Volume 624, April 2019
|Number of page(s)||15|
|Section||Catalogs and data|
|Published online||01 April 2019|
National Centre for Nuclear Research, Astrophysics Division, ul. Hoża 69, 00-681 Warsaw, Poland
2 Leiden Observatory, Leiden University, PO Box 9513, 2300 RA Leiden, The Netherlands
3 Center for Theoretical Physics, Polish Academy of Sciences, al. Lotników 32/46, 02-668 Warsaw, Poland
4 Astronomical Observatory of the Jagiellonian University, 31-007 Kraków, Poland
5 Faculty of Physics, Ludwig-Maximilians-Universität, Scheinerstr. 1, 81679 Munich, Germany
6 INAF – Osservatorio Astronomico di Capodimonte, Salita Moiariello 16, 80131 Napoli, Italy
7 School of Physics and Astronomy, Sun Yat-sen University, Zhuhai Campus, Guangzhou 519082, PR China
Accepted: 4 February 2019
We present a catalog of quasars selected from broad-band photometric ugri data of the Kilo-Degree Survey Data Release 3 (KiDS DR3). The QSOs are identified by the random forest (RF) supervised machine learning model, trained on Sloan Digital Sky Survey (SDSS) DR14 spectroscopic data. We first cleaned the input KiDS data of entries with excessively noisy, missing or otherwise problematic measurements. Applying a feature importance analysis, we then tune the algorithm and identify in the KiDS multiband catalog the 17 most useful features for the classification, namely magnitudes, colors, magnitude ratios, and the stellarity index. We used the t-SNE algorithm to map the multidimensional photometric data onto 2D planes and compare the coverage of the training and inference sets. We limited the inference set to r < 22 to avoid extrapolation beyond the feature space covered by training, as the SDSS spectroscopic sample is considerably shallower than KiDS. This gives 3.4 million objects in the final inference sample, from which the random forest identified 190 000 quasar candidates. Accuracy of 97% (percentage of correctly classified objects), purity of 91% (percentage of true quasars within the objects classified as such), and completeness of 87% (detection ratio of all true quasars), as derived from a test set extracted from SDSS and not used in the training, are confirmed by comparison with external spectroscopic and photometric QSO catalogs overlapping with the KiDS footprint. The robustness of our results is strengthened by number counts of the quasar candidates in the r band, as well as by their mid-infrared colors available from the Wide-field Infrared Survey Explorer (WISE). An analysis of parallaxes and proper motions of our QSO candidates found also in Gaia DR2 suggests that a probability cut of pQSO > 0.8 is optimal for purity, whereas pQSO > 0.7 is preferable for better completeness. Our study presents the first comprehensive quasar selection from deep high-quality KiDS data and will serve as the basis for versatile studies of the QSO population detected by this survey.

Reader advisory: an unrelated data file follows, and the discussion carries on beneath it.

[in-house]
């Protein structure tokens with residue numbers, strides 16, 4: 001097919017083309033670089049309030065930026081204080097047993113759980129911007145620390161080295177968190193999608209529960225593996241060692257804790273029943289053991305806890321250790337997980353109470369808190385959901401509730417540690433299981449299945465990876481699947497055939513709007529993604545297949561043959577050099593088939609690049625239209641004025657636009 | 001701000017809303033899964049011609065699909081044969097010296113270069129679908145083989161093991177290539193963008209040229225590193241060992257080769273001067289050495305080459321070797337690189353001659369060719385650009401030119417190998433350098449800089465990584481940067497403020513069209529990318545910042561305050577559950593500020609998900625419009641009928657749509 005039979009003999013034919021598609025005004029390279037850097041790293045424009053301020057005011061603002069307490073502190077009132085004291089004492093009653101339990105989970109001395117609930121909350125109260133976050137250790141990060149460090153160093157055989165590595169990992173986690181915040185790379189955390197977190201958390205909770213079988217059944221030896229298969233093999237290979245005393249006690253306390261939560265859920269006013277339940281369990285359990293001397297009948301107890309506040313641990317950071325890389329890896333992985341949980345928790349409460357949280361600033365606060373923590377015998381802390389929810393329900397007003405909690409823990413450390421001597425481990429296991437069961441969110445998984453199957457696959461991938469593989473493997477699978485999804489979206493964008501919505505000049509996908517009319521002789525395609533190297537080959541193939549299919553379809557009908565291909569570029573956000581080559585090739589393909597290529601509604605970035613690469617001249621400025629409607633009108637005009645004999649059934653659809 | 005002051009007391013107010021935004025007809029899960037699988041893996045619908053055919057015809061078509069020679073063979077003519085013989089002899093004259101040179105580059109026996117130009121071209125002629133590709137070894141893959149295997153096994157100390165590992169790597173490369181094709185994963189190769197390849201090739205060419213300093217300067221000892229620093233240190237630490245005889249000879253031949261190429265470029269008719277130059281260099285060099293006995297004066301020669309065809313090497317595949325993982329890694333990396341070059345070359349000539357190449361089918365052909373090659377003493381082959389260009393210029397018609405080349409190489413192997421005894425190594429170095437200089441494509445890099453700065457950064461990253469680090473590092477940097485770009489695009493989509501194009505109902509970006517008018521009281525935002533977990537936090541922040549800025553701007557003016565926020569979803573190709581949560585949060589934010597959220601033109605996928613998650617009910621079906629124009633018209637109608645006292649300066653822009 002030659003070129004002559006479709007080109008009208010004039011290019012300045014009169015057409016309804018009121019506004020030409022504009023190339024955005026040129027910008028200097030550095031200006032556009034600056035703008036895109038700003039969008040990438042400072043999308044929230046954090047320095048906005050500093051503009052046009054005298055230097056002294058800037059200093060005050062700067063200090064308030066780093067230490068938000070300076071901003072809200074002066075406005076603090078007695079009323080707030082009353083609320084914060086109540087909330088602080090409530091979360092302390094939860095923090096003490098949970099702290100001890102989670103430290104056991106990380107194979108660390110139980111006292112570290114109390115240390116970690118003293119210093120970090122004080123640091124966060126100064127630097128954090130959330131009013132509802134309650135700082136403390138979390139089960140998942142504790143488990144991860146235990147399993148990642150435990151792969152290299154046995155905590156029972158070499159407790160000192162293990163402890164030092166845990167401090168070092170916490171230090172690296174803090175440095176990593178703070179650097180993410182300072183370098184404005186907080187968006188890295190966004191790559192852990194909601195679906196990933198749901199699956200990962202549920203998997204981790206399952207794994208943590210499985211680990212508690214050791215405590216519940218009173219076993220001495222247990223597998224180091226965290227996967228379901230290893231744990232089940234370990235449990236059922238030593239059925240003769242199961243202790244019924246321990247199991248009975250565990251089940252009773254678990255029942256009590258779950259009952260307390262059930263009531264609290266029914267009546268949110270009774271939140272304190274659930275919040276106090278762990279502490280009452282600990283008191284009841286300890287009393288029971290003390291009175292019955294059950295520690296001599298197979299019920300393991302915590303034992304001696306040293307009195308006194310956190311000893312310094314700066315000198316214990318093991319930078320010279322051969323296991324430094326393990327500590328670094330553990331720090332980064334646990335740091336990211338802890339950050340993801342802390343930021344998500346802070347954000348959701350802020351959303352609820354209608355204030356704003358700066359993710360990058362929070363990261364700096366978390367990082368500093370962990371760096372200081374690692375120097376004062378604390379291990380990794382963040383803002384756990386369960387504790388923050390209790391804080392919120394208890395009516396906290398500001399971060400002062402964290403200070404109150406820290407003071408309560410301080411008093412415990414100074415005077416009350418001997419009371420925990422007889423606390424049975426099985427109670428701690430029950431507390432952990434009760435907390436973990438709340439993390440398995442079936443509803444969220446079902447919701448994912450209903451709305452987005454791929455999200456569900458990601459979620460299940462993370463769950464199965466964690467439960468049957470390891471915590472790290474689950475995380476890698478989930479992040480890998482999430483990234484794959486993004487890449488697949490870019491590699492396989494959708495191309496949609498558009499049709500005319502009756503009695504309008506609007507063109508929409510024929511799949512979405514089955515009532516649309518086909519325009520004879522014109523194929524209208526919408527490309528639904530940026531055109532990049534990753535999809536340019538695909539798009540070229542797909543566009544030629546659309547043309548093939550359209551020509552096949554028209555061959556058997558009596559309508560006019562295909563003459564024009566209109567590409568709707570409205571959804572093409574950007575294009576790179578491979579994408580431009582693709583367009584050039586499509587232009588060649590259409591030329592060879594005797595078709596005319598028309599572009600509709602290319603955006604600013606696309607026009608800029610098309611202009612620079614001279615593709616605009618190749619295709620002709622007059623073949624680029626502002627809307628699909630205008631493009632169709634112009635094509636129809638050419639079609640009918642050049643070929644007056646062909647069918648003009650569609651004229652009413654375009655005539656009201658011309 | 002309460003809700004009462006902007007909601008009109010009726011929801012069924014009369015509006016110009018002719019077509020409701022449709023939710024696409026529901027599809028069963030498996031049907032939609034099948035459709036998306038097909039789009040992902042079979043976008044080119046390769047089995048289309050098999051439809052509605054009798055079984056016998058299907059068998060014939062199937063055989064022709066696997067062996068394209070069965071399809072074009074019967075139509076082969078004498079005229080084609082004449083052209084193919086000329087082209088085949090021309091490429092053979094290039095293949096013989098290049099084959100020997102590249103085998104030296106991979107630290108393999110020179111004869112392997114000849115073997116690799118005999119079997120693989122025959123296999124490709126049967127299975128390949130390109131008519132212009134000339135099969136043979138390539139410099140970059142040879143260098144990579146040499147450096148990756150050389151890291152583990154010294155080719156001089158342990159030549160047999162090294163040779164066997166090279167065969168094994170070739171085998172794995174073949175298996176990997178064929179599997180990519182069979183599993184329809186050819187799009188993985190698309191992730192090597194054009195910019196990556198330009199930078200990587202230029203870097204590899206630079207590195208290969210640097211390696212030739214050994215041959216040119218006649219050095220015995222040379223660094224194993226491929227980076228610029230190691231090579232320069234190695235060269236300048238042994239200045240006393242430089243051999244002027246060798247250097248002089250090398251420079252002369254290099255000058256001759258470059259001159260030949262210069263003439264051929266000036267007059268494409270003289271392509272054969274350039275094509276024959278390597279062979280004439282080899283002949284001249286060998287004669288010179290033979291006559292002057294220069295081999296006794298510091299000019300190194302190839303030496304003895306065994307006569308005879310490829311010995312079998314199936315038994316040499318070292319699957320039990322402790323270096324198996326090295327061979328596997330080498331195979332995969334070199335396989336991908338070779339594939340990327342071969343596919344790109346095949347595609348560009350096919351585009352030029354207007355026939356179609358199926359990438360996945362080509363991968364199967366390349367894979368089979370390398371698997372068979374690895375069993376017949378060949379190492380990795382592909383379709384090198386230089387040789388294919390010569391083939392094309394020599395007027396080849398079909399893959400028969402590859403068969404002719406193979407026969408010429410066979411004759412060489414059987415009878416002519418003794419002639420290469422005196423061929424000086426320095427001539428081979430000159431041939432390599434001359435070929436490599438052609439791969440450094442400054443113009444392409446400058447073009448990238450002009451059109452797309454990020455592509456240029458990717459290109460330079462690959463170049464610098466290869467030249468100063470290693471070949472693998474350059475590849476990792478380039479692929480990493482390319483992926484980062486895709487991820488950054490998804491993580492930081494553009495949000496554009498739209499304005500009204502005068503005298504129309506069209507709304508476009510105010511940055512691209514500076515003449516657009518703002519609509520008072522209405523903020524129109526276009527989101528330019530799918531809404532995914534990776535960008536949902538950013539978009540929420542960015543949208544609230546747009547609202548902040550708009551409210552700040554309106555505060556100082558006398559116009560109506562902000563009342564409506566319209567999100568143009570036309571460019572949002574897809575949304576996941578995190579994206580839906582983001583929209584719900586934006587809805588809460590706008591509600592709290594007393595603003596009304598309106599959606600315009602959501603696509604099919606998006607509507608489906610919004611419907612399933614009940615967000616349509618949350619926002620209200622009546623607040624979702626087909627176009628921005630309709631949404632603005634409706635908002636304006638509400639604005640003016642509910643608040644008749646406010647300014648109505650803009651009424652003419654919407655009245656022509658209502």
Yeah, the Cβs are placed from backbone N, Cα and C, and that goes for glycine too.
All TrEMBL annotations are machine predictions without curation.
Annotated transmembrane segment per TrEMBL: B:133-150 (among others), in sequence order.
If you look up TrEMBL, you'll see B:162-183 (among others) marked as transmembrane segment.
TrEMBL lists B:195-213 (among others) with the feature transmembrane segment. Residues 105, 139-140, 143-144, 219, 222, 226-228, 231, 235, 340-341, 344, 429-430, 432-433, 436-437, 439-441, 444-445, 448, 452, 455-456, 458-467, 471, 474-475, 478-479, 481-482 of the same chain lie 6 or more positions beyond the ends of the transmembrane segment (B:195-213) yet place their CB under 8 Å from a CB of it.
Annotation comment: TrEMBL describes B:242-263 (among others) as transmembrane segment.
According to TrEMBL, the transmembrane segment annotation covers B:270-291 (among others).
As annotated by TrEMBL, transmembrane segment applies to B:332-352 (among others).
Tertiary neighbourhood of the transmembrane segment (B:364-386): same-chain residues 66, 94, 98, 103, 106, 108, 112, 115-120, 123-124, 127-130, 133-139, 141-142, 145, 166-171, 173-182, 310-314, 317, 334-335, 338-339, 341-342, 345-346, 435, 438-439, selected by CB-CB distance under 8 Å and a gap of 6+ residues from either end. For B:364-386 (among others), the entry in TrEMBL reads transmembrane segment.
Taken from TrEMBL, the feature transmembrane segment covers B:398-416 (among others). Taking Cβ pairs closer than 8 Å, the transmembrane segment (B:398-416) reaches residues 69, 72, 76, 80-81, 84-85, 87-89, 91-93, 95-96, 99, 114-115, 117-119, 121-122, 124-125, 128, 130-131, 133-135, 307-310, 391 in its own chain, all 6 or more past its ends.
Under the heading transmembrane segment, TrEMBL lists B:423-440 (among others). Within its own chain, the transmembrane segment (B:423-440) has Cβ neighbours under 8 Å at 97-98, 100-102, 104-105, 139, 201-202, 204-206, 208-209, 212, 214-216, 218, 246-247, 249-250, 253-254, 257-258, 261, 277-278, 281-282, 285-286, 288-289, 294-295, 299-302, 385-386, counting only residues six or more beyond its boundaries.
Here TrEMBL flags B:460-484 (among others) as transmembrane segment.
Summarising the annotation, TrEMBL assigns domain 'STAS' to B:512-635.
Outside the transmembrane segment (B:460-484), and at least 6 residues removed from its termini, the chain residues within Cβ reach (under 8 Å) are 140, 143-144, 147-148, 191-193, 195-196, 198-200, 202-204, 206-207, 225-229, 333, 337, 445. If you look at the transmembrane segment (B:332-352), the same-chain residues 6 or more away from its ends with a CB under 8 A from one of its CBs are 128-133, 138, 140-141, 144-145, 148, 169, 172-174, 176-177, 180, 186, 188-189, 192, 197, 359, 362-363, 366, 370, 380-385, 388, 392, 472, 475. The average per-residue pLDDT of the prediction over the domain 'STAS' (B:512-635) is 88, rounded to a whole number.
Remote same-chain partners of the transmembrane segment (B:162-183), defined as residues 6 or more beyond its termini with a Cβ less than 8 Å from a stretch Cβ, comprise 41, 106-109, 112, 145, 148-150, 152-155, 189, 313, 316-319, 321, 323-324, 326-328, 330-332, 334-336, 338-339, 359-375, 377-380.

Key words: catalogs / surveys / quasars: general / large-scale structure of Universe / methods: data analysis / methods: observational
A copy of the catalog is available at the CDS via anonymous ftp to cdsarc.u-strasbg.fr (220.127.116.11) or via http://cdsarc.u-strasbg.fr/viz-bin/qcat?J/A+A/624/A13
We publicly release the resulting catalog at http://kids.strw.leidenuniv.nl/DR3/quasarcatalog.php, and the code at https://github.com/snakoneczny/kids-quasars.
© ESO 2019
Current usage metrics show cumulative count of Article Views (full-text article views including HTML views, PDF and ePub downloads, according to the available data) and Abstracts Views on Vision4Press platform.
Data correspond to usage on the plateform after 2015. The current usage metrics is available 48-96 hours after online publication and is updated daily on week days.
Initial download of the metrics may take a while.